-Cobb and Saito’s moment here was played in the opening of the film; back there now we finally see where it’s heading. Cobb explained earlier that people get lost in Limbo, it’s what happened to he and Mal, and the only way of escaping is to realize that you are there and kill yourself in the dream to bump you back to reality. Cobb has come to remind Saito where he is how he’s trapped, which is when Saito reaches for his gun. I guess we have to assume that Saito shoots Cobb and them shoots himself. Cobb wakes up first on the plane, with everyone else awake after the sedative wore off and they had hung around in Level 1 for a bit. Then Saito soon follows.

This little chart puts everything together nicely:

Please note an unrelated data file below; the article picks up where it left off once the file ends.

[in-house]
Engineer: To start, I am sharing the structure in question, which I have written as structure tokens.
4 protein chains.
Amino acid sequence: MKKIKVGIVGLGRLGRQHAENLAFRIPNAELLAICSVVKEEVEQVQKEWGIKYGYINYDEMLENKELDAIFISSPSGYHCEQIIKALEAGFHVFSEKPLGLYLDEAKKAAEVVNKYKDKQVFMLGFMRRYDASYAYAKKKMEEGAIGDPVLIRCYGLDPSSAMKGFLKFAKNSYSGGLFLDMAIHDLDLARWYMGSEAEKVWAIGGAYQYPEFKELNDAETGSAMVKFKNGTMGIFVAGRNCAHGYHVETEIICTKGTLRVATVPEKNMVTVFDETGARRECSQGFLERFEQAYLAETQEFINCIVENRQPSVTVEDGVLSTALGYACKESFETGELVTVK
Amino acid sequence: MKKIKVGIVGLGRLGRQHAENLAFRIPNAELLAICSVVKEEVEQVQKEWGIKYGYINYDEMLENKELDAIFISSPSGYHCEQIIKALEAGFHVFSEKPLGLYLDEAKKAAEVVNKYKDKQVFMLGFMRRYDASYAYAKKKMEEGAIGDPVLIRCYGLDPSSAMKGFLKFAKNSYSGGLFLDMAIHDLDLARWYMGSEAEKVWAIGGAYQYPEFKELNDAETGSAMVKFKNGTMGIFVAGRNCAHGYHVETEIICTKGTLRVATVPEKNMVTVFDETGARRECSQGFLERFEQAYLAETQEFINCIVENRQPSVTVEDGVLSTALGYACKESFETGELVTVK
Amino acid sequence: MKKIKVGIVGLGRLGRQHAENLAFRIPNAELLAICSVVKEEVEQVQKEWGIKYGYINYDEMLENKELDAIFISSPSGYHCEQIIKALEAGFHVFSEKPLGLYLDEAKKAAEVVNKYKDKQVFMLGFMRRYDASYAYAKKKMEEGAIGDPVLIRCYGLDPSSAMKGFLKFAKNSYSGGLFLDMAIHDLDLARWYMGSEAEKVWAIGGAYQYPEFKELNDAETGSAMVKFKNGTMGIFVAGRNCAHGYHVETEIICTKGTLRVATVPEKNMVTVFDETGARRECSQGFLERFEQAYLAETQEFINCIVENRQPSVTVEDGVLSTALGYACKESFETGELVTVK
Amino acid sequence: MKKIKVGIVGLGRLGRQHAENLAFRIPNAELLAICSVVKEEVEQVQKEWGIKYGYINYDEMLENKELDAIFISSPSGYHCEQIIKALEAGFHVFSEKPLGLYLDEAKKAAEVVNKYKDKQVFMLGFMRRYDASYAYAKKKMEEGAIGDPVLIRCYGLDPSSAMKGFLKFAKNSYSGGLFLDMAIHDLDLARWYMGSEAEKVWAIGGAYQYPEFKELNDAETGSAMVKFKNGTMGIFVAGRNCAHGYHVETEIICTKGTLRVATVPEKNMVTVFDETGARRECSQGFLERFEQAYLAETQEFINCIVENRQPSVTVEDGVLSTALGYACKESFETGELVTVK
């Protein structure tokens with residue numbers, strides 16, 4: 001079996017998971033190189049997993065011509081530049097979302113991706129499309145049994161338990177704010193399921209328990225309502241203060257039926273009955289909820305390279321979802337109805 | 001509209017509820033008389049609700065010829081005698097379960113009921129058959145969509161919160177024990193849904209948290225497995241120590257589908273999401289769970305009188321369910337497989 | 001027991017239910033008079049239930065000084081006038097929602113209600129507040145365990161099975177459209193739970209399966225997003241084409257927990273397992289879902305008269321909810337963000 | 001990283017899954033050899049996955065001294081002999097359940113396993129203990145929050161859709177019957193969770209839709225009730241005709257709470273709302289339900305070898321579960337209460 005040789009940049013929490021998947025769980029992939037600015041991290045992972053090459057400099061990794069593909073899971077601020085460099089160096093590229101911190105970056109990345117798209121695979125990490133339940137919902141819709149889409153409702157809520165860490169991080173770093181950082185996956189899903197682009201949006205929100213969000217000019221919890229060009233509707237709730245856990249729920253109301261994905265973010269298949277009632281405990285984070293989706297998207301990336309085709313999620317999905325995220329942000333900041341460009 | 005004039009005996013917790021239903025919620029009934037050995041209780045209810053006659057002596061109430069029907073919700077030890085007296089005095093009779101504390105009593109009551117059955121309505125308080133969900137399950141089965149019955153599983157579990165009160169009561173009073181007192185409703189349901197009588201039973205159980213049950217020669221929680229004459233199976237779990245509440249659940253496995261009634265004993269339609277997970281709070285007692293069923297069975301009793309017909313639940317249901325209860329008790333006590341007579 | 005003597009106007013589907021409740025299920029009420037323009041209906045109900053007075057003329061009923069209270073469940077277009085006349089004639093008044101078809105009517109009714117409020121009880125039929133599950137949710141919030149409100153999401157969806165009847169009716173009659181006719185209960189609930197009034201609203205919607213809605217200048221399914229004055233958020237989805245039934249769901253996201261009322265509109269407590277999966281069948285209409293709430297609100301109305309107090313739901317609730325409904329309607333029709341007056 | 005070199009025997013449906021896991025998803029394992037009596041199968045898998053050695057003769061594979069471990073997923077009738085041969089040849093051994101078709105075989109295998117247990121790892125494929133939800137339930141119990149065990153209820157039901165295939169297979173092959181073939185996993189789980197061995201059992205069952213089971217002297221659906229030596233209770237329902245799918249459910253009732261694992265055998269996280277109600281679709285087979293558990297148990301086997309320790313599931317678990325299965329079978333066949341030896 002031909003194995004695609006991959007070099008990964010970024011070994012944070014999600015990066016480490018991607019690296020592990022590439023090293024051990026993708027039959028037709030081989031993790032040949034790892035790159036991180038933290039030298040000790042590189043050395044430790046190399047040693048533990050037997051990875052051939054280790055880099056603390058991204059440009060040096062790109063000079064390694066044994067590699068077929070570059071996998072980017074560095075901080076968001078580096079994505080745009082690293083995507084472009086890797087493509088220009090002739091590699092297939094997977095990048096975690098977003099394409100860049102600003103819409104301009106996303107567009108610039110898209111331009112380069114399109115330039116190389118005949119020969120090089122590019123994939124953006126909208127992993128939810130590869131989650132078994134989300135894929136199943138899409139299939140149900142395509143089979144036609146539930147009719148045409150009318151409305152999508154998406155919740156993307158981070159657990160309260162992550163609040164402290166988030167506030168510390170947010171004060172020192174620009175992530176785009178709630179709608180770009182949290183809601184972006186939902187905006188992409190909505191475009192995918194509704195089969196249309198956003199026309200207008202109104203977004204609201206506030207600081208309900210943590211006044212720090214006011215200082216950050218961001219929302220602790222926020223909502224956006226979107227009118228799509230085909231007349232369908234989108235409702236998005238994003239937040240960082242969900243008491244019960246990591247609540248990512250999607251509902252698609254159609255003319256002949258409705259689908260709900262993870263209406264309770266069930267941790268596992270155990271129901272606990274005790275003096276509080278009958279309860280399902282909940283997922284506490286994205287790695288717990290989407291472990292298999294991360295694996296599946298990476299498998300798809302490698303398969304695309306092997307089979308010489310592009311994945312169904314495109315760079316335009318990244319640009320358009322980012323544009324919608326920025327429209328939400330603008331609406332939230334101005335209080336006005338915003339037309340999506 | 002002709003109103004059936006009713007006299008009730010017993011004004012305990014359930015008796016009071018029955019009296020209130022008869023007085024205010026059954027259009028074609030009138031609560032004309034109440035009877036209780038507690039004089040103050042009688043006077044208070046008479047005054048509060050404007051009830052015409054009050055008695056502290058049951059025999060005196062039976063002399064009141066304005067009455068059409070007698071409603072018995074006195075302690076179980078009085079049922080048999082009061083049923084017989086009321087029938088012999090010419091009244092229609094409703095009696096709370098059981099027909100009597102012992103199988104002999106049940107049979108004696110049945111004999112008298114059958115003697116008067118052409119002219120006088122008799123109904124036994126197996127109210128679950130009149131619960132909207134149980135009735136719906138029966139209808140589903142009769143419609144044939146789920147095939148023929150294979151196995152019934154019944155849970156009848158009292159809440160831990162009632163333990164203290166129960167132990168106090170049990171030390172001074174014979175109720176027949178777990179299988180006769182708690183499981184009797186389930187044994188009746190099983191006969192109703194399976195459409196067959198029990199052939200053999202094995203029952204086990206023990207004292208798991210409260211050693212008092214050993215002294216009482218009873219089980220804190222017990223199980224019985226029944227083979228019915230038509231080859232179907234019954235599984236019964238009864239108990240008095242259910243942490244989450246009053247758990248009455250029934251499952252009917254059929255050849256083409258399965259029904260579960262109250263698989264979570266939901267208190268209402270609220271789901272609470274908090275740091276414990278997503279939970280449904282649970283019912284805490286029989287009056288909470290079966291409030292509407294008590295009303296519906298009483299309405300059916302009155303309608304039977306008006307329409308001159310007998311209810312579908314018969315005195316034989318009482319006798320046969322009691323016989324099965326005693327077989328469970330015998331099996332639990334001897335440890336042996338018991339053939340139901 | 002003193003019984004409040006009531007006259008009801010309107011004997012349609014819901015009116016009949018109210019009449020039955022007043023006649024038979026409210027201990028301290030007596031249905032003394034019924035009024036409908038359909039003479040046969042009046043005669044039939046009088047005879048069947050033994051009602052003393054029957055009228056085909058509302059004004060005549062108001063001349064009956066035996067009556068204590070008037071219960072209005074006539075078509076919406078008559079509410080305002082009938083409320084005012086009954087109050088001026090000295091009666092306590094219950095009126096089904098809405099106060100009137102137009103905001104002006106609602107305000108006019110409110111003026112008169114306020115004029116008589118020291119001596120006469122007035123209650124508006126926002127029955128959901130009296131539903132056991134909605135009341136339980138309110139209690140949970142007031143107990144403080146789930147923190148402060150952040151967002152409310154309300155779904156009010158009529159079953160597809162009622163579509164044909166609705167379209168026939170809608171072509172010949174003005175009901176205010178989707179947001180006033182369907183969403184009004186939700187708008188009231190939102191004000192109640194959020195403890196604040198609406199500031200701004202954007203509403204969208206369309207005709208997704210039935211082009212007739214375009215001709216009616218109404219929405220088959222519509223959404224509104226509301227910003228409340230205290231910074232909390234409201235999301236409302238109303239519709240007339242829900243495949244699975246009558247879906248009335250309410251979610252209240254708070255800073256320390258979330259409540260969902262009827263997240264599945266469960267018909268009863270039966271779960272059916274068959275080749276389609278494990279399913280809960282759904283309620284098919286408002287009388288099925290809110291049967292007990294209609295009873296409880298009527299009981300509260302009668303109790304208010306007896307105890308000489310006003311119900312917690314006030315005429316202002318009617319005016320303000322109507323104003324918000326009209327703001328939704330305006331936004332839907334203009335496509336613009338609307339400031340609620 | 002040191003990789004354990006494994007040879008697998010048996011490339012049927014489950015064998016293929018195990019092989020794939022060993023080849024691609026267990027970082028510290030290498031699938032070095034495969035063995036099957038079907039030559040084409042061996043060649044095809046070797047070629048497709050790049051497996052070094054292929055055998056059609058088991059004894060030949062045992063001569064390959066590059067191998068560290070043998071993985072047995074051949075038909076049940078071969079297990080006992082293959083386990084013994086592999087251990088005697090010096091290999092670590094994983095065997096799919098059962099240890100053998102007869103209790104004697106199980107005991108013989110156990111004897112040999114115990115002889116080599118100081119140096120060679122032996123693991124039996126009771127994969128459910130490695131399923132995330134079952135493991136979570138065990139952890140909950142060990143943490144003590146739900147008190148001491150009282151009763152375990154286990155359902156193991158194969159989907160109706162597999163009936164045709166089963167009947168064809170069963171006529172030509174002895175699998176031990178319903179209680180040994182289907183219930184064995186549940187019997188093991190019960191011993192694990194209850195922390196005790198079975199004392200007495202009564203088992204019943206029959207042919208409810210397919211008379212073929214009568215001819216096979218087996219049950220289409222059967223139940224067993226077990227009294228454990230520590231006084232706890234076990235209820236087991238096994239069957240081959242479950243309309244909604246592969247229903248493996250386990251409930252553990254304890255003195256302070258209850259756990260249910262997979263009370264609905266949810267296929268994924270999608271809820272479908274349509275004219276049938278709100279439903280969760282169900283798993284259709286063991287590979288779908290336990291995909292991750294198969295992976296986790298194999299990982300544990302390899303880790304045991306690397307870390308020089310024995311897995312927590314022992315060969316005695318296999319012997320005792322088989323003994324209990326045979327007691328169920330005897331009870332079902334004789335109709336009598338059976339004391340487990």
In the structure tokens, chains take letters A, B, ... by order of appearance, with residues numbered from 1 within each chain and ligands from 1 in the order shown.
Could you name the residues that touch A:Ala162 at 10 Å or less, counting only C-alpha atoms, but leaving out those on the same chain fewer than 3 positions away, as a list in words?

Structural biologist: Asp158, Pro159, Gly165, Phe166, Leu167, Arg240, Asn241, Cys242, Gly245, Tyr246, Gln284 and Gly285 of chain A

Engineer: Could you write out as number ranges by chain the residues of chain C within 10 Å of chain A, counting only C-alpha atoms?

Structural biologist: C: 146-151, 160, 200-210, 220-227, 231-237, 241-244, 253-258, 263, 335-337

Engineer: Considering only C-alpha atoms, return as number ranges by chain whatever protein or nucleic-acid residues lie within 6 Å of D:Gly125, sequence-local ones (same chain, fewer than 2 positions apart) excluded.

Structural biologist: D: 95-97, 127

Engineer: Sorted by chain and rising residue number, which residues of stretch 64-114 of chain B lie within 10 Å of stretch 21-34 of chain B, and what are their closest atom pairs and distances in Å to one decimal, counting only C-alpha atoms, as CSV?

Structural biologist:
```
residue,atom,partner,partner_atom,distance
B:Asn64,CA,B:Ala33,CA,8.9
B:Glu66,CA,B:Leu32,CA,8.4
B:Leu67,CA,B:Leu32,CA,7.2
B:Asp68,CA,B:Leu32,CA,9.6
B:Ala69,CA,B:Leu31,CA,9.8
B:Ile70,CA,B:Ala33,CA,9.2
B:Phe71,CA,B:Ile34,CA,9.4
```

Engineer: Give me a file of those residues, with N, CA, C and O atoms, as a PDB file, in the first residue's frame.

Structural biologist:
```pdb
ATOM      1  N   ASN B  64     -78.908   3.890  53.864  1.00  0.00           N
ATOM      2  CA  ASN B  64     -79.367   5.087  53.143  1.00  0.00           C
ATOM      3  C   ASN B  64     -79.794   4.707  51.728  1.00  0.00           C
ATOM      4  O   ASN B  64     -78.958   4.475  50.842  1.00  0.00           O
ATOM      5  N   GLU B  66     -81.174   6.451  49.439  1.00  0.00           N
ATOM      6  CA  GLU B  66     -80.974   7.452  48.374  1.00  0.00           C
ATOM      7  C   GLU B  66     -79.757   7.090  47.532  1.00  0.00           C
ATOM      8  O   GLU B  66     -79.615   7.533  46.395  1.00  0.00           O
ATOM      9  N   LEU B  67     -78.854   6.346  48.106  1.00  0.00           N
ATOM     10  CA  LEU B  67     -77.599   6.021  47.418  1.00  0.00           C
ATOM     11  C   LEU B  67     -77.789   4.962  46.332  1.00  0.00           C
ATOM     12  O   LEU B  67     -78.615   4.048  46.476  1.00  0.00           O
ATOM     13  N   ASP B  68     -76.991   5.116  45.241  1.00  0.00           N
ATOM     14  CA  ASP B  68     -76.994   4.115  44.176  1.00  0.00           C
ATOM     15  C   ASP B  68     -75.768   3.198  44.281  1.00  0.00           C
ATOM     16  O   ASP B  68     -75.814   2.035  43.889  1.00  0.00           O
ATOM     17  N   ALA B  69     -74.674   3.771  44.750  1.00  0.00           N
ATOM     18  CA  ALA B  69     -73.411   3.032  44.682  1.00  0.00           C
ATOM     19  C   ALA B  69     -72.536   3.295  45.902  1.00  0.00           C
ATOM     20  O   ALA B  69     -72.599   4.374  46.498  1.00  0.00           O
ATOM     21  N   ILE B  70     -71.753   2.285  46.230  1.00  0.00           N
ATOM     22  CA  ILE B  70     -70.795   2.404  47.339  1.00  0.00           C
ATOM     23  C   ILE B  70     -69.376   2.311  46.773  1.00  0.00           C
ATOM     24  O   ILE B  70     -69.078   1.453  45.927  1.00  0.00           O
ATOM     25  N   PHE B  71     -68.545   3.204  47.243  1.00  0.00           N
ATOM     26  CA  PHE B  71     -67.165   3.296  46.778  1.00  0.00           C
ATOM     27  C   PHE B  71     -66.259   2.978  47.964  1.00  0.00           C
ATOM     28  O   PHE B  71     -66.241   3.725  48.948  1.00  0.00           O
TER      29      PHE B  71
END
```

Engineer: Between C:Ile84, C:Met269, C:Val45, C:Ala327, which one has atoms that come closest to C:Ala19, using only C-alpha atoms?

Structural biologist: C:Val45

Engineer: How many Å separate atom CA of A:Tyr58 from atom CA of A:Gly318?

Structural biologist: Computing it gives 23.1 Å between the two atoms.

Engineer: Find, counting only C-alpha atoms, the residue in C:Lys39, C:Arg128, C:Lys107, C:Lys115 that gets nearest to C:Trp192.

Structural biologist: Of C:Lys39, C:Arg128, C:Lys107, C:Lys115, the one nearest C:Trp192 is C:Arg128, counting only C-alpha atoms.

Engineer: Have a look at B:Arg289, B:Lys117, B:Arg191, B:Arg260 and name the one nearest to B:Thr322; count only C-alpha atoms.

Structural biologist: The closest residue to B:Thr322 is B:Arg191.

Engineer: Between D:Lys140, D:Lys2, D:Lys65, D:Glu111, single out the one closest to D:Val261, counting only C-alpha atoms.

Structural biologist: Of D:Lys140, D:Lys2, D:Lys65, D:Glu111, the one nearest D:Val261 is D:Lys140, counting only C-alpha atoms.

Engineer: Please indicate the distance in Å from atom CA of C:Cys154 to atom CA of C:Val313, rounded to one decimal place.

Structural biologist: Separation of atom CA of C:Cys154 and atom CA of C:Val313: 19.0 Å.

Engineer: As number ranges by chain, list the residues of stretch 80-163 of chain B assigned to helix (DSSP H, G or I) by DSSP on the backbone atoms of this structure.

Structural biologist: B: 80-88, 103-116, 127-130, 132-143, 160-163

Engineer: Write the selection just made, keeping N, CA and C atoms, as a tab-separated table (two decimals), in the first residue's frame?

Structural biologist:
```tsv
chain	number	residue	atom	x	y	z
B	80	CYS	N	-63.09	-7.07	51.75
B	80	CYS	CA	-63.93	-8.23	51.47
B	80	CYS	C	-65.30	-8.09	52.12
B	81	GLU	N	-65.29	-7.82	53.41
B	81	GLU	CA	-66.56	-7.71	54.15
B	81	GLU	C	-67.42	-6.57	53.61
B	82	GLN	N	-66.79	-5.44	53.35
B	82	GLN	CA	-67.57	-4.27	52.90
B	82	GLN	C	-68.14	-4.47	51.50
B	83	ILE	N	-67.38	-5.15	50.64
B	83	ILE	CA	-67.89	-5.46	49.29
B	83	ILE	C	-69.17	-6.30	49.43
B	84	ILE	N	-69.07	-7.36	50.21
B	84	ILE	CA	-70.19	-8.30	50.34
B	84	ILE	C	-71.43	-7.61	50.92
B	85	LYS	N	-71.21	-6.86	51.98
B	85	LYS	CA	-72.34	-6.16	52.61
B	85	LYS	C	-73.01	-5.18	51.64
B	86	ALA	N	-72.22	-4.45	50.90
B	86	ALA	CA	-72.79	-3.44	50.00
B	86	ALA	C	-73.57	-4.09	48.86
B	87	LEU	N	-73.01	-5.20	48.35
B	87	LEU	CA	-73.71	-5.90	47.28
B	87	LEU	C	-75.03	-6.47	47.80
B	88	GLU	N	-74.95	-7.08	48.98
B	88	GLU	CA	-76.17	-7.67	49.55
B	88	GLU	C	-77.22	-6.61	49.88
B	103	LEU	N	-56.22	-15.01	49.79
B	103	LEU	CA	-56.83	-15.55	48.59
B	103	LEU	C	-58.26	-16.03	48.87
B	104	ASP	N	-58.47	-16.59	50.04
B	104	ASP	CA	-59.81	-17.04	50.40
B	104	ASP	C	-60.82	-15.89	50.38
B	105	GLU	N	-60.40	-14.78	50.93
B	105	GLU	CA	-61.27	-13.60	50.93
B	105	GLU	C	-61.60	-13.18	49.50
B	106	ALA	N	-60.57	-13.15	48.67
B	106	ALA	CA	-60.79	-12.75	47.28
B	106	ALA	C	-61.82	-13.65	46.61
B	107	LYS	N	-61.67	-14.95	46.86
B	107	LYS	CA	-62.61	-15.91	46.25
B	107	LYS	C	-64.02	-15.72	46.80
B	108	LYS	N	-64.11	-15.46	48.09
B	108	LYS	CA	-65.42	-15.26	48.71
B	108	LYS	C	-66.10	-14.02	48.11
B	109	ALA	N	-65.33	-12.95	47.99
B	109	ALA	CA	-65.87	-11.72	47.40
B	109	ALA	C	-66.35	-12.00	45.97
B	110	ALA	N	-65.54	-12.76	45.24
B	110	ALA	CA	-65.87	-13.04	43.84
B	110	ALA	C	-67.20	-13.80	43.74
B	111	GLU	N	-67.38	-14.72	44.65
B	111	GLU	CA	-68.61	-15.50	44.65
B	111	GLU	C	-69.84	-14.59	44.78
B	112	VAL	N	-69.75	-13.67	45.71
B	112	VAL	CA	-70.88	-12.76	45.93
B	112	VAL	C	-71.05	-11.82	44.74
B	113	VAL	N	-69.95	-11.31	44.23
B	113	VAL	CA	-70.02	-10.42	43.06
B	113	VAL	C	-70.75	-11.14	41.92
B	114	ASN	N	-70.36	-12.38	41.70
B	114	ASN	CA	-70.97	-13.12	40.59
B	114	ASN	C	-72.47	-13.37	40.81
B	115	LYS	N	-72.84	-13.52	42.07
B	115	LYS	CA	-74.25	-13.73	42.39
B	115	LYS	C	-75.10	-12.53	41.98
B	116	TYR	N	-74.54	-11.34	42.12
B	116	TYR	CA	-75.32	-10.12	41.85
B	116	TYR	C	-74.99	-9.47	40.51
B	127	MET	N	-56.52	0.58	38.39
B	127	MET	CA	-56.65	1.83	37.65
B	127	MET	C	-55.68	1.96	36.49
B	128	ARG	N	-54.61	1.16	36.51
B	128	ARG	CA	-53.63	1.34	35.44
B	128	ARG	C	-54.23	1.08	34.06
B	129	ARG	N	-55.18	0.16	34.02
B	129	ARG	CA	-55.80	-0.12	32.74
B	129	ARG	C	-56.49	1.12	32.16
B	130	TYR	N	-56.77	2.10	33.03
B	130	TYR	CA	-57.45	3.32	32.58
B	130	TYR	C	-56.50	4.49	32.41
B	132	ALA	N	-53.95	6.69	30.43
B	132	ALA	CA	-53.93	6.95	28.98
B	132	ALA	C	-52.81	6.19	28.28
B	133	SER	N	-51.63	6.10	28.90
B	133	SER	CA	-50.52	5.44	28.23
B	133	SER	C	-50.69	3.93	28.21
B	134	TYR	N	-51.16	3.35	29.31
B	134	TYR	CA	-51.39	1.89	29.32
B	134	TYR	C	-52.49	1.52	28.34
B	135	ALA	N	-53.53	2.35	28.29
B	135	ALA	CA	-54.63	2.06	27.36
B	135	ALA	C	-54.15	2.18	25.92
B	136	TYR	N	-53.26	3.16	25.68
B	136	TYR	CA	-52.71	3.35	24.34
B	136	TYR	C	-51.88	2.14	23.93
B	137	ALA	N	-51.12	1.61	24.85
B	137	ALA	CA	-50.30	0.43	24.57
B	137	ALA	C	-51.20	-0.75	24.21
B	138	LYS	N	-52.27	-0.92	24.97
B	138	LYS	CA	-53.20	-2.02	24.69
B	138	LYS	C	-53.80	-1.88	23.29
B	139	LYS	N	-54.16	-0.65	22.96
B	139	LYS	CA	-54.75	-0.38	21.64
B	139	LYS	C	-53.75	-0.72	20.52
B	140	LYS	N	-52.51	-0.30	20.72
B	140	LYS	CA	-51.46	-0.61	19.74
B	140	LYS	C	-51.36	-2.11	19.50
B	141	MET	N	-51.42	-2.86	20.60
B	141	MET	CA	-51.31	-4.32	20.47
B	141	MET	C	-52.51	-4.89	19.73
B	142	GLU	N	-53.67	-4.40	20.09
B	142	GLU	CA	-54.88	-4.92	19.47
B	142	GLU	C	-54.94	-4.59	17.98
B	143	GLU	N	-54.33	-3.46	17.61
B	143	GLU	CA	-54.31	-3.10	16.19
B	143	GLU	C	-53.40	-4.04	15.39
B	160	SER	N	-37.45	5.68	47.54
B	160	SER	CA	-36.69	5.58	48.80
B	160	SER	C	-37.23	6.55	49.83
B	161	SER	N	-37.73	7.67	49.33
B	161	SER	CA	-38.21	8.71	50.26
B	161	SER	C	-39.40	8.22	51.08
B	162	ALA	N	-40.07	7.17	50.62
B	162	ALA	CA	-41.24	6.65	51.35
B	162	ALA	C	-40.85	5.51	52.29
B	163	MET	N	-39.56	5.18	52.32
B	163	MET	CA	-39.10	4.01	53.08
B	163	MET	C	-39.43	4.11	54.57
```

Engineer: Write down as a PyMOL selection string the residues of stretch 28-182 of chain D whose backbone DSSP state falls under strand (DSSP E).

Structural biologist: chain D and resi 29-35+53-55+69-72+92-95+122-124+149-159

So that’s all if the whole thing wasn’t a dream to begin with. Bear in mind that while we as the audience may accept Cobb’s story about he and Mal’s trip to Limbo and their 50+ years of life together, only Mal wakes up from their encounter with the train. We assumed that Cobb woke up as well, but I think it was intentionally ambiguous. Perhaps Cobb is still in Limbo anyway. I expected the conclusion to actually end up being that Mal was right all along; that Cobb was still trapped in the dream world and she was trying to lure him back to reality. I.e. I thought Mal’s reality would end up being the “true” reality. Is there a true reality?? That’s basically what Nolan is asking of us. I mean, if death truly sends you to wake up in another reality as a much younger version of yourself, how is that at all bad? Is that what reincarnation may be? The FH told me after we left the movie that he used to have a nightmare as a kid that he’d grow old and die but then wake up as a 5 year old afterwards. Heck, sounds good to me. That our life may essentially be one reality that we get to experience only to “wake up” to another reality after we die over and over again sounds amazing. The top will continually keep spinning, and we will accept our realities as they are. A poster on IMDB put it quite beautifully by saying, “at the end, [Cobb] would’ve accepted it either way. He does not stay and look at what the top does. Even though both the audience and the character are blindsided by the first appearance of the children’s faces, it is only the audience that remains to look at the top. The children are elevated to the very top of Cobb’s priority list in that moment; in a way this demonstrates his newfound indifference over the reality of his world. The camera hangs still, focused on the spinning top [the] screen cuts to black. The audience leaves the theater arguing over the reality of his world. Yet nobody seems to mention that he has already walked off to his children, for the first time in the movie, he seems to be FREE from the paranoid reliance of his totem. Perhaps it’s that everyone chooses their own reality, and this is what he wants. It doesn’t matter whether the top stops spinning or not, he … is… home.